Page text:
Is aerotropolis Songdo really the city of the future?

Songdo from above. Image: Fleetham/Wikipedia.

The ‘aerotropolis’ has been described by U.S. business consultant John Kasarda, the pioneer of the concept, as the “city of the future”. The notion of building a city around an airport, not the other way round, has been deemed to be crucial for economic development. Just as urban areas sprawled around railroads in the 1800s, and highways in the 1900s, the thinking is that business and commerce will jump at the opportunity to be based near a world-class, international hub.

Amsterdam Schiphol and Seoul Incheon have been widely seen as the two poster children for the concept of the aerotropolis. But are airport cities really that glamorous in reality?

Fast forward eleven hours from Heathrow, and one lands in the stylish Terminal 1 of Seoul Incheon (IATA code: ICN), a routine prize-winner in the "World’s Best Airport’ awards. Every time I have landed there, there is some new addition to the hi-tech gizmos on show in the arrivals lounge, whether high-tech sanitation in the restrooms, a high-speed railway linking Incheon with the rest of Seoul, or, on my recent arrival, automated robots making sure the floors of Arrivals were polished to perfection.

Yet much of the attention has focused not on ICN, but its aerotropolis of Songdo, officially the Songdo International Business District. A ‘smart city’ built from scratch on reclaimed land, Songdo was destined to be the prototype cosmopolitan aerotropolis, the city of the future: home to international university campuses, globe-trotting businessmen, multinational financial firms, as well as a place for high-end tourism. The 2012 Presidents Cup golf tournament was played at the Jack Nicklaus-designed golf course in Songdo. What better way to attract an international clientele?

Yet have a look around Songdo, and it feels like a ghost town. The students are there, businessmen come and go, restaurants and department stores open their doors, yet something is missing.

The lack of footfall and sporadic numbers of ‘cosmopolitan clientele’ were crystal clear as I walked down the deserted streets. Songdo is no exception to South Korea’s obsession with high-rise life, but more apartments are being built than tenants moving in. In what looks like a half-hearted attempt to emulate the epitome of global urban cosmopolitanism, New York, the high-rise apartments encircle a designated park named Central Park.

Central Park. Image: Dongjun Kim/Wikipedia.

Songdo also promised environmental and technological progress. Amongst the city’s many accolades, it has claimed the title of the world’s first ‘smart’ city: sensors have been placed throughout the area to gather information on traffic flows, and apartments are fitted with the latest technological accouterments. The frequent-flying businessman can make video calls from the televisions in the apartments, and the global student can attend university classes remotely. Trash is collected and separated automatically, sucked out of apartments by a vacuum chute, and, within the blink of an eye, arrives at the sorting facility.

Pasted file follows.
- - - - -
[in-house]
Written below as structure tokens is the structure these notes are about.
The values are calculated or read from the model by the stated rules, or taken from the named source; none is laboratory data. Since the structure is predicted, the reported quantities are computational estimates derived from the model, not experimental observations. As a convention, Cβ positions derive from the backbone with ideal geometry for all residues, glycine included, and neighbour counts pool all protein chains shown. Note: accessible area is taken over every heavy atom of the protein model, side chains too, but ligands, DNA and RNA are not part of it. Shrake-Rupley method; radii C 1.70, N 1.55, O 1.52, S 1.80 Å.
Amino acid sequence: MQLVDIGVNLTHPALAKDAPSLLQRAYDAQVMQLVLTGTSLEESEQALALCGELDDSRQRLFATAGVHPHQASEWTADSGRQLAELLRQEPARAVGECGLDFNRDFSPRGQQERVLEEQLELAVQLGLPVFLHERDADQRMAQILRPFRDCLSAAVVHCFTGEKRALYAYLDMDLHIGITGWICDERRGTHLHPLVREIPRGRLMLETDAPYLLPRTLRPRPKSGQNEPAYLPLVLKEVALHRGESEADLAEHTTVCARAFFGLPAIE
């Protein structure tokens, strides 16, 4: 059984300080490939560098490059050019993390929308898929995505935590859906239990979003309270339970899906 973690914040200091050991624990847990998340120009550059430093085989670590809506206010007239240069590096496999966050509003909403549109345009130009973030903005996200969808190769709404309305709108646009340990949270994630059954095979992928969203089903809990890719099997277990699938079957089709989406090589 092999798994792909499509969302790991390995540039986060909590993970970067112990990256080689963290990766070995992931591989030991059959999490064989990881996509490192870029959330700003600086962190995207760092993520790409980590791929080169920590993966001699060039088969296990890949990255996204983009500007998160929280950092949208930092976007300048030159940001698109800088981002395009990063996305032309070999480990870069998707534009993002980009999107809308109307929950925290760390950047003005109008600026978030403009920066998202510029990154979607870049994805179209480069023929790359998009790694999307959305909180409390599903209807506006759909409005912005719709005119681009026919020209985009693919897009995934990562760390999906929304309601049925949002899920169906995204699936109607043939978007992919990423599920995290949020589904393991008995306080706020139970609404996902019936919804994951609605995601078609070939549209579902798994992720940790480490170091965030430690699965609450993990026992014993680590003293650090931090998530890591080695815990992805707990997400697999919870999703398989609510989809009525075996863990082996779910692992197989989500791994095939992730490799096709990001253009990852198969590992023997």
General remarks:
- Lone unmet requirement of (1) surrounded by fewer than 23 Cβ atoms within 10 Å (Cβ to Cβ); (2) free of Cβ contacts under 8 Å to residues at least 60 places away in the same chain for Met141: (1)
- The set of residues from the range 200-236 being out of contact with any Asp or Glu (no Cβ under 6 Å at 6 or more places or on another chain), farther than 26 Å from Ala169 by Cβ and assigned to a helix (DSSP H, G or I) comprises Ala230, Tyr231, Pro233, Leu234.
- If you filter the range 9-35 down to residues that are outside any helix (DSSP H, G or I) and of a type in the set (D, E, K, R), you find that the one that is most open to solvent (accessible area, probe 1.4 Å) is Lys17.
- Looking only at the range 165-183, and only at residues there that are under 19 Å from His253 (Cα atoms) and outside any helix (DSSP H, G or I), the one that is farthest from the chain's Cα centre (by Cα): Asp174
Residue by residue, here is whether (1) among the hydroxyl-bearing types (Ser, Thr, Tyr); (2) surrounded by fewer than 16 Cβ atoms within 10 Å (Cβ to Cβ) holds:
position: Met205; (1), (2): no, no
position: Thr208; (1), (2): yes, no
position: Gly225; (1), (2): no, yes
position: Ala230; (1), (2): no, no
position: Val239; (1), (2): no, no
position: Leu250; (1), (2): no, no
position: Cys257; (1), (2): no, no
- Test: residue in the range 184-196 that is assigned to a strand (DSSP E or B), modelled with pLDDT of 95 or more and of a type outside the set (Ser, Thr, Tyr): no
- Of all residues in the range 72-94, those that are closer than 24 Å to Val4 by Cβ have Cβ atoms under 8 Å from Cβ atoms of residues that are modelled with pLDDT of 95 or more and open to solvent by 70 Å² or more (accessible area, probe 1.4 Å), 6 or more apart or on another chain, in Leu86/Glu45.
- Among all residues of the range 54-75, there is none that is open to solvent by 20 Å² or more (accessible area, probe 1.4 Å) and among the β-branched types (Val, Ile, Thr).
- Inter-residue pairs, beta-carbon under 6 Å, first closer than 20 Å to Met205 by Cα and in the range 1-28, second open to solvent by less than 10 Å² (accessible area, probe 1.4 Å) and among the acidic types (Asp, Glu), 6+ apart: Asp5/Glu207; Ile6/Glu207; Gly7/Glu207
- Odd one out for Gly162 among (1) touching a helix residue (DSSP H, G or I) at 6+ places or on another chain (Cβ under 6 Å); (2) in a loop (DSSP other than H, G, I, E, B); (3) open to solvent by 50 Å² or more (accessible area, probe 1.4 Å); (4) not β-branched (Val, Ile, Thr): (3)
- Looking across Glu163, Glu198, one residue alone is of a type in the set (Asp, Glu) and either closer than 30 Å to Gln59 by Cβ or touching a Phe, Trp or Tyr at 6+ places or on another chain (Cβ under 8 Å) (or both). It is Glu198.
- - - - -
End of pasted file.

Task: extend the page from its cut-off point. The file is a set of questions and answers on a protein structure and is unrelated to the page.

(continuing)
These are hallmarks of an efficient city – but only if there are car users for whom tracking pollution levels and traffic flows may be useful, if there are businessmen who actually make use of the LED television screens to conference call, and if there is enough trash to be recycled and sorted, come to that.


Speaking to those who live in Songdo and its vicinity, the hype all seems a bit much. With South Korea increasing in its technological innovation day-by-day, the ability to host a conference call from one’s LED television screen is no big deal. Similar waste collection has been tried tested in Singapore, amongst other cities: again, nothing to get excited about.

And most of all, when I asked where the cosmopolitan citizens are, the reply was simple: “They are all in Seoul, and will stay in Seoul.” Something has clearly gone wrong for Songdo, not least the fact that the city’s construction on reclaimed land has attracted its fair share of criticism from environmental groups – but a big problem is that it has failed to attract the globetrotting, frequent-flying, citizen-of-the-world.

There are plenty of airports around which commerce, retail, and residence are becoming ever more numerous, which raises the question of whether the aerotropolis is actually something new. Just as it is nothing out of the ordinary that businesses sprawled along the railroads in the 19th century, maybe the airport is just the railroad of today: it is only natural for urban life to blossom around it.

Maybe we should pay less attention to the new ‘cities’ springing up around airports, and more on the airports themselves. They may seem like mere waiting rooms to some – but they can be rich sources of architecture, technology, big data, and fascinating places in their own right. Incheon’s Terminal 2 opened in January of this year. It promises to be just as glamorous, efficient, and technologically-embedded, if not more, than Terminal 1.

So next time you see someone checking-in to a flight with an ‘ICN’ tag on their luggage, you may know one thing. They may be flying to Incheon, but chances are they will not set foot in Songdo.

 
 
 
 

In many ways, smart cities are really very dumb

Rio de Janeiro’s control centre. Image: Getty.

It’s not news that anything and everything is increasingly being prefaced with “smart”: phones, watches, homes, fridges, and even water (yes, smartwater exists). And it’s not unintentional either.